Free education: Education department has no control over private schools

Officials seek high court’s help to devise some mechanism.

Zeeshan Mujahid May 02, 2012

KARACHI: Sindh Secretary Education on Wednesday admitted that there were flaws in the education system of the province and his department had the nominal authority to control and regulate the affairs of the educational institutions in private sector.

He was making submissions before a division bench of the Sindh High Court comprising Justices Maqbool Baqar and Muhammad Shafi Siddiqui, which was hearing a petition filed by Pakistan Institute of Labour Research and Education (PILER) and Aurat Foundation seeking directions to the provincial government to ensure 100 per cent free education to all children of school going age.

“They (private institutions) ought to have self-regulatory mechanism as it (province) is not a jungle and they should be accountable,” said Secretary Education, Siddiq Memon, while agreeing to the observations of the bench that fee structure of these institutions should also be regulated and monitored.

Appearing on a court notice, he also agreed to the remarks of the bench about the actions which unlawfully deprive students of the chance to appear in examinations. Such decisions are conveyed to them “at the eleventh hour.”

“They (students) were told at the eleventh hour that their exam forms will not be forwarded. This was done with mala fide intentions,” the court said referring to some instances and asked that how much control the education department has over these education institutions.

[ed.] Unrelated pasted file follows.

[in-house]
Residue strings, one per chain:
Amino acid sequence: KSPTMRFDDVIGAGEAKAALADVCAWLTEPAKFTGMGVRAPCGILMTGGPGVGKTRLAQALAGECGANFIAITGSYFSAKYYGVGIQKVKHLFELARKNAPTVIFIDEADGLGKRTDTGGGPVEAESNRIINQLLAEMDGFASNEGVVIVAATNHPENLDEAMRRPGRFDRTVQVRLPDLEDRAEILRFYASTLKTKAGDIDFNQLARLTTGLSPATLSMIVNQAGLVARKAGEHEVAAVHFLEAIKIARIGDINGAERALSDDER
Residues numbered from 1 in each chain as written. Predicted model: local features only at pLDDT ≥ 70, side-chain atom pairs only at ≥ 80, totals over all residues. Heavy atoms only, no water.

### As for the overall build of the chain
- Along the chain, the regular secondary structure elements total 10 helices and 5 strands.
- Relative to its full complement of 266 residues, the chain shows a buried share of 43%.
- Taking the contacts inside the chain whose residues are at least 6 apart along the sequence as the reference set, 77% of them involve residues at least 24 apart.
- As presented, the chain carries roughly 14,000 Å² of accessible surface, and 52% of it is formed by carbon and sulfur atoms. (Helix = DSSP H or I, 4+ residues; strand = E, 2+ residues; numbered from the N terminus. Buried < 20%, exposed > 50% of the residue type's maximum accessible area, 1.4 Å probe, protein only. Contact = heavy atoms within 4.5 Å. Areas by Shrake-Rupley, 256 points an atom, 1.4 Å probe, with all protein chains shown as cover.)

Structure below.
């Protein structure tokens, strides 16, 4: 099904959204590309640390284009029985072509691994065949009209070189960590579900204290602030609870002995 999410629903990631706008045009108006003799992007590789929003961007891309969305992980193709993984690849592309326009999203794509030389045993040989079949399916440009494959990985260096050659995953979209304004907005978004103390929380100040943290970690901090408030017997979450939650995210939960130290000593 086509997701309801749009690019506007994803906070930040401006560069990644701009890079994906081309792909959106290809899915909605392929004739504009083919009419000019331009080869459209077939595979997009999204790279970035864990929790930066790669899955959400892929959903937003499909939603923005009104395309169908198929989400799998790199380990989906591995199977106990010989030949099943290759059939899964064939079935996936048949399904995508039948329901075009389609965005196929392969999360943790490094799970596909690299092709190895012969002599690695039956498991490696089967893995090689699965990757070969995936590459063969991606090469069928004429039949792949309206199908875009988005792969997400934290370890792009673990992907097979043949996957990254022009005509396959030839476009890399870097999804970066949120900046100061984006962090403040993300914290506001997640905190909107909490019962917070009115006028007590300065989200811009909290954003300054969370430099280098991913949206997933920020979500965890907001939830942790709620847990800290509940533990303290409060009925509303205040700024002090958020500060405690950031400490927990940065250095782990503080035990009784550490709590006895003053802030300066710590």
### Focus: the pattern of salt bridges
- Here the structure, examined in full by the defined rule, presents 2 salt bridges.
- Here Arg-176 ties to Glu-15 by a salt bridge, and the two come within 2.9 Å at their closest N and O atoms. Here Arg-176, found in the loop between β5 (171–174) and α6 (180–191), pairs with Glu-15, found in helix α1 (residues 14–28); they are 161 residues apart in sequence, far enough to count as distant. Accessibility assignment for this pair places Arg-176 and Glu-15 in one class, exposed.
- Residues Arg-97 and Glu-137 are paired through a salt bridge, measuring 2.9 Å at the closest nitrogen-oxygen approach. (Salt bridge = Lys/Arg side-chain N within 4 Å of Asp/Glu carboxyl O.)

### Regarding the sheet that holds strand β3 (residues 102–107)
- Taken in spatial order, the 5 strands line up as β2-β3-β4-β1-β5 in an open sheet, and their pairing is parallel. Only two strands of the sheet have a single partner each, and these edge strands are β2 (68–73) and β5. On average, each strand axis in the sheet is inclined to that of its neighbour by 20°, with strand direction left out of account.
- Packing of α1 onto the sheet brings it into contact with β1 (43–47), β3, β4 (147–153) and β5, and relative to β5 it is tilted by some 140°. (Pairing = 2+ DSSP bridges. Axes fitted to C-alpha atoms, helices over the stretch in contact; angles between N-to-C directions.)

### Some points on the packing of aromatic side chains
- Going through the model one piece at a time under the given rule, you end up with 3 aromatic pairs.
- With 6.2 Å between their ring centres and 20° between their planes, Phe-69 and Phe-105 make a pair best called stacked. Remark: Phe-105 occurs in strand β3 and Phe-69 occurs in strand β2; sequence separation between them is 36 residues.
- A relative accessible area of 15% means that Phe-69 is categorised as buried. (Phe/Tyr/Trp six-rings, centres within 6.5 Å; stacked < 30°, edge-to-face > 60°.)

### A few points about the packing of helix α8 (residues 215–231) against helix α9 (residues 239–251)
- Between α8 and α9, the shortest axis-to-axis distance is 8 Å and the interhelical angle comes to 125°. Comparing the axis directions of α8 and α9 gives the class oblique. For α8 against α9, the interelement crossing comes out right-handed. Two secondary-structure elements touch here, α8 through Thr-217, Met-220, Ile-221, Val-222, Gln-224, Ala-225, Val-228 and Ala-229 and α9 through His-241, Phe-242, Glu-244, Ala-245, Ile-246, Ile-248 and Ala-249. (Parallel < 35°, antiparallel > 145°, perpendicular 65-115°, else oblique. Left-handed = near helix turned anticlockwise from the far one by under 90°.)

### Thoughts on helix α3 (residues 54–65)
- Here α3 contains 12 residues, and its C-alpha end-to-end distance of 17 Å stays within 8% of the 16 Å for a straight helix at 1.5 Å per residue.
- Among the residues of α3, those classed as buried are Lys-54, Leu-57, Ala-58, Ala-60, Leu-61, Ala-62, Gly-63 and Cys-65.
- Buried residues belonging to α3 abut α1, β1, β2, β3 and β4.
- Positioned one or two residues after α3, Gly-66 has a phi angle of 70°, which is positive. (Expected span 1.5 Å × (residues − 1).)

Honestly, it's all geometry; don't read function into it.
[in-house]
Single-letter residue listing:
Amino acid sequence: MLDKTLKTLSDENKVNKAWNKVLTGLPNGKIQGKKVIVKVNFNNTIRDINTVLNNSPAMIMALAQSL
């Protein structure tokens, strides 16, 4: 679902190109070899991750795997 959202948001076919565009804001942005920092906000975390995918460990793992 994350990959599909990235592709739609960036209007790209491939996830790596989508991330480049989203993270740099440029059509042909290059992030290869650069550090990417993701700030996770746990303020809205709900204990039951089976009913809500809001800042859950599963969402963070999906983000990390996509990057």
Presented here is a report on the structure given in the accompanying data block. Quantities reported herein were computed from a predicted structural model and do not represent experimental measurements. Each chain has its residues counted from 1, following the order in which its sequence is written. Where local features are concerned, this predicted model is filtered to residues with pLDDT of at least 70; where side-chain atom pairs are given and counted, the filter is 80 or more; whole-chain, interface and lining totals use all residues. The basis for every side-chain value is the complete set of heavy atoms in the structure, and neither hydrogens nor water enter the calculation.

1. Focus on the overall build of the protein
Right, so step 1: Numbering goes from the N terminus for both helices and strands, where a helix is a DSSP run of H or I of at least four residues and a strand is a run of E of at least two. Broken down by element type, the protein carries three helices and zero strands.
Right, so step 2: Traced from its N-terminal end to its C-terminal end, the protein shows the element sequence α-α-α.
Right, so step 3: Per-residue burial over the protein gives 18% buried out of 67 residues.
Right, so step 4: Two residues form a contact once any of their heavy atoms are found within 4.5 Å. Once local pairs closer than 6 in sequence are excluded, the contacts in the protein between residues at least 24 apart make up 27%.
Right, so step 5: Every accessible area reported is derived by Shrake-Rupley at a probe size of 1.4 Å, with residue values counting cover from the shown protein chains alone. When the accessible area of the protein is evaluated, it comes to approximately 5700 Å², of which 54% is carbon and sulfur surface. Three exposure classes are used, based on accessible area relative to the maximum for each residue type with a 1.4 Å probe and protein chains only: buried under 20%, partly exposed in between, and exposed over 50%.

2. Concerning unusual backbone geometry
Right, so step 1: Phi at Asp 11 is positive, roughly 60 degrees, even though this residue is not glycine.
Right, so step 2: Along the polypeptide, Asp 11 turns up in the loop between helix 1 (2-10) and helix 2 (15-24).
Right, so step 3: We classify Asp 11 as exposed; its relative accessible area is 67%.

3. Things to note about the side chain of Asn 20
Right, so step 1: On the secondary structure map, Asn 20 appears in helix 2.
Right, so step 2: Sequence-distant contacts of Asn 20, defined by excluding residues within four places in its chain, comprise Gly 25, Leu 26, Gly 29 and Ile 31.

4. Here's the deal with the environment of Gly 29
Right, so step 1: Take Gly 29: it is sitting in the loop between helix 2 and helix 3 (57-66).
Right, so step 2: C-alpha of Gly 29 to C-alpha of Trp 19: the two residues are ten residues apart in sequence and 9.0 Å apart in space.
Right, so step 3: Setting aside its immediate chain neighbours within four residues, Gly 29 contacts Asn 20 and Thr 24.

Additional Advocate General Sindh, Adnan Karim Memon also conceded that education department has its control only over schools in public /government sector.

Faisal Siddiqui advocate, counsel for the petitioners, said that there was no control over private schools. They charge substantial amounts under different pretexts and if parents object, the students are made to suffer, he said, suggesting that there should be some regulations in this regard. The Secretary Education also revealed that he had informally taken up the issue with the officials of the British Council about the institutions affiliated with them. “This is a wholesome issue and I seek assistance from the court. Please constitute a committee,” he said, and hastened to add that a judge can head this committee. The court at this stage also observed that some schools in Karachi also have franchises of foreign eateries.

The bench later put off further proceedings till May 17, asking the petitioners’ counsel and Secretary Education to come up with the suggestions and names of people to be included in these committees.

PILER and Aurat Foundation filed the petition submitting that education is a constitutional right recognized under Article 9 of the Constitution. This right is also recognized under Article 37(b), of the Principles of Policies.

Petitioners submitted that after the 18th Amendment, provincial governments are bound to ensure that all children between the ages of five  and sixteen years get free education. The failure of the respondent education department to provide free and compulsory education to all children is unconstitutional. It is a fundamental right and not a discretionary right, which the government cannot refuse to provide, they submitted.

Published in The Express Tribune, May 3rd, 2012.


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